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The Boston Globe

Books

Book review

‘Mo Said She Was Quirky’ by James Kelman

Early on in Scottish writer James Kelman’s newest novel, “Mo Said She Was Quirky,’’ Helen (the titular “she”) thinks this about her live-in boyfriend Mo’s silliness: “She liked it about him but also she didnt like it.” This is exactly how I feel about the novel itself, which is terrifically compelling except in those somewhat isolated moments when it’s terrifically aggravating.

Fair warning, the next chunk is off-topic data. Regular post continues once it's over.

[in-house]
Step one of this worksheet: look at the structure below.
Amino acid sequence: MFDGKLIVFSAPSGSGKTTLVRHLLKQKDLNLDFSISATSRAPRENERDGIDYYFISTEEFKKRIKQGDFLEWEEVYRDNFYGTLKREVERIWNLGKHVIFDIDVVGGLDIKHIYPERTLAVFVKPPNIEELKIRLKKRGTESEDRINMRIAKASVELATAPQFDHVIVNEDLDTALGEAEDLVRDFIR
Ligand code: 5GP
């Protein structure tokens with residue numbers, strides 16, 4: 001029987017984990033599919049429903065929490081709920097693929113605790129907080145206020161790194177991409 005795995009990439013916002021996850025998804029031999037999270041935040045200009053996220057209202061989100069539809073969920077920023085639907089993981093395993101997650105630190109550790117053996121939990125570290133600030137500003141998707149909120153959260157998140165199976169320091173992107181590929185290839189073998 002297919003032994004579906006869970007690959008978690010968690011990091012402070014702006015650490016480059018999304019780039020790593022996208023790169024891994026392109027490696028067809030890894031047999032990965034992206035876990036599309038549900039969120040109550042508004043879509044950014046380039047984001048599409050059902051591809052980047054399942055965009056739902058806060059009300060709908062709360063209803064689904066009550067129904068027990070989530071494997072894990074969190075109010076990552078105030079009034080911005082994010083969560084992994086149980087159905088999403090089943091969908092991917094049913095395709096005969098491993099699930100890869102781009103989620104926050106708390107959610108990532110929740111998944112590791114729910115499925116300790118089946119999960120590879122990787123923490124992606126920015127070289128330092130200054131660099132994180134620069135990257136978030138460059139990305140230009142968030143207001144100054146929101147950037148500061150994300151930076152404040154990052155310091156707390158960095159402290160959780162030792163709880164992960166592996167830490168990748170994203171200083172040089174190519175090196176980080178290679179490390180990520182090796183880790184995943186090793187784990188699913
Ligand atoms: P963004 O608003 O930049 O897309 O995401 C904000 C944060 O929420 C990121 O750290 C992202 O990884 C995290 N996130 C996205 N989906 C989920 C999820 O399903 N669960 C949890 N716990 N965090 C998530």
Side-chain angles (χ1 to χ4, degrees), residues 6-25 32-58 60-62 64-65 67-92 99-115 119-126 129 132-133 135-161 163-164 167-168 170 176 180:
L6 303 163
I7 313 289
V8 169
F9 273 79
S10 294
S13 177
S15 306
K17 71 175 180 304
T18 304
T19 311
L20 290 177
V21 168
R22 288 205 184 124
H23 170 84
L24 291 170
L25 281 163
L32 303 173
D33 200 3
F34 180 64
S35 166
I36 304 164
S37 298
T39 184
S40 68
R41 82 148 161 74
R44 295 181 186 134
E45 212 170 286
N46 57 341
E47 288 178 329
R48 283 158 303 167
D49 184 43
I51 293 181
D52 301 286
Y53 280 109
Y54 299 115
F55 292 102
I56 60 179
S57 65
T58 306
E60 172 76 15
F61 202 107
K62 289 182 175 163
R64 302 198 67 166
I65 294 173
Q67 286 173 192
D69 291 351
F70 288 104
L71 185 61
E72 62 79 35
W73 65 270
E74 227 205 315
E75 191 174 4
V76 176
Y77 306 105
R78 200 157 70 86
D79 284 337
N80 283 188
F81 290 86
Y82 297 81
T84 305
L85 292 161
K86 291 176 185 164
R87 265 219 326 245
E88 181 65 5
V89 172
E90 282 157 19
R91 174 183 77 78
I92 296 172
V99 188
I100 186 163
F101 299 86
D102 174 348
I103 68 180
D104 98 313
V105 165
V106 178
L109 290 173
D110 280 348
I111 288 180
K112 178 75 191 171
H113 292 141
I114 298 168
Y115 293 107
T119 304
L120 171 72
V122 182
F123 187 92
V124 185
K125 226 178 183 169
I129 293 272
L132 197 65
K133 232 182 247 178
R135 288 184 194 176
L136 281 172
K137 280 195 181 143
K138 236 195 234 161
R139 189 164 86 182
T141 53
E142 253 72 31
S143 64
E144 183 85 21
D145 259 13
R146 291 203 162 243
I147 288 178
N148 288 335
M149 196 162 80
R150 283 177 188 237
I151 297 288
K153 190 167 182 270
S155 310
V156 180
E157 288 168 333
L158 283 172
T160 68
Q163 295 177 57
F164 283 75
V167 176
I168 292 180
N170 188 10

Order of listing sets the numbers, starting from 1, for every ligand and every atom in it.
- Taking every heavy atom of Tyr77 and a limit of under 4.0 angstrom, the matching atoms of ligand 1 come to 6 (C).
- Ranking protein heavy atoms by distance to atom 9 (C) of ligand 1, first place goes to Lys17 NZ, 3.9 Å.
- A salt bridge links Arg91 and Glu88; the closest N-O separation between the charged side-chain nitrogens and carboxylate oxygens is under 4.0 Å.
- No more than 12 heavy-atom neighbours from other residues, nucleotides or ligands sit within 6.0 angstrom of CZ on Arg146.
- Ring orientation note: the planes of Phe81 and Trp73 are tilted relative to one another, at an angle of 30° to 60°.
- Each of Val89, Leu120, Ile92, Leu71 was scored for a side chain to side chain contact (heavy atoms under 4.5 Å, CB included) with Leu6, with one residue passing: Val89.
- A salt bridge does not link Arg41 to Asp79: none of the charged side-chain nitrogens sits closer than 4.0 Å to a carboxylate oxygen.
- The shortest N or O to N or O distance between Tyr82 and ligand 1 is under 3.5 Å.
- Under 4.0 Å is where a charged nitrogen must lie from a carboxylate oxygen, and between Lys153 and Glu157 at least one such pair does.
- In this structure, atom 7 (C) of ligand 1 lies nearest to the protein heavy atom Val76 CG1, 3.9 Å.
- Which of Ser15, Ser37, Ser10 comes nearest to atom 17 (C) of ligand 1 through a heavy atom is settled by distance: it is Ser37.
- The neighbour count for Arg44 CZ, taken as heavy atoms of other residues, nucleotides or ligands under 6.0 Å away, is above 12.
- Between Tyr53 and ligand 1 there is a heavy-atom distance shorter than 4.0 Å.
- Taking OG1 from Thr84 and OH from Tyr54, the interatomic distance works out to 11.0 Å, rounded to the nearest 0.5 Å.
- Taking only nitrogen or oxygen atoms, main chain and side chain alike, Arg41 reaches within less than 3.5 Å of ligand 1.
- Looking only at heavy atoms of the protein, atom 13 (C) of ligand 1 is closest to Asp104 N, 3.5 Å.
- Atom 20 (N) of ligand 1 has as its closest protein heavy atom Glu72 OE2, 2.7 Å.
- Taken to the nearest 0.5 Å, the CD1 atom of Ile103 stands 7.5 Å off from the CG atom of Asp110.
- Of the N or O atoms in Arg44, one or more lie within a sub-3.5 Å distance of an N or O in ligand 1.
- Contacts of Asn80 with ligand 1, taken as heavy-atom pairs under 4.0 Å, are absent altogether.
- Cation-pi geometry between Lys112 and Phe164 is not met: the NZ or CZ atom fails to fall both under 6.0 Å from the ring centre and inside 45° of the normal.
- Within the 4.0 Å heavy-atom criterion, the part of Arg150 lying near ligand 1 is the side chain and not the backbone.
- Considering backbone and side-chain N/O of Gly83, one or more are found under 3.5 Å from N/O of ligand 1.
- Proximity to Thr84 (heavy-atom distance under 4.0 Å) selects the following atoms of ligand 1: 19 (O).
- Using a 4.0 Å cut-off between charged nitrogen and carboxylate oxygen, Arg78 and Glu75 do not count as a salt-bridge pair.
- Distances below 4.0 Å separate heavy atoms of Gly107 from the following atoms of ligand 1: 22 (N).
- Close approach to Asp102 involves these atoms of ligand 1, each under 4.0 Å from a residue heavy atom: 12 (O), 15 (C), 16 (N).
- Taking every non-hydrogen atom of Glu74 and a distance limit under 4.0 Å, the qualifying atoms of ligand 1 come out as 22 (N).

I suspect this wouldn’t be news to Kelman, nor would it bother him overmuch: For Kelman, the least important thing a novel can produce is plot; the most important is insight. And if the insight being produced is filtered through the consciousness of a limited character — and all characters worth anything are limited — then some of the insight is bound to aggravate. A novelist like Kelman not only accepts this limitation, but celebrates it: His newest book suggests that a mind — and a novel — is capable of great insight, but we would not be able to understand how great the insight is if we were not, occasionally, allowed to see how great it sometimes is not.

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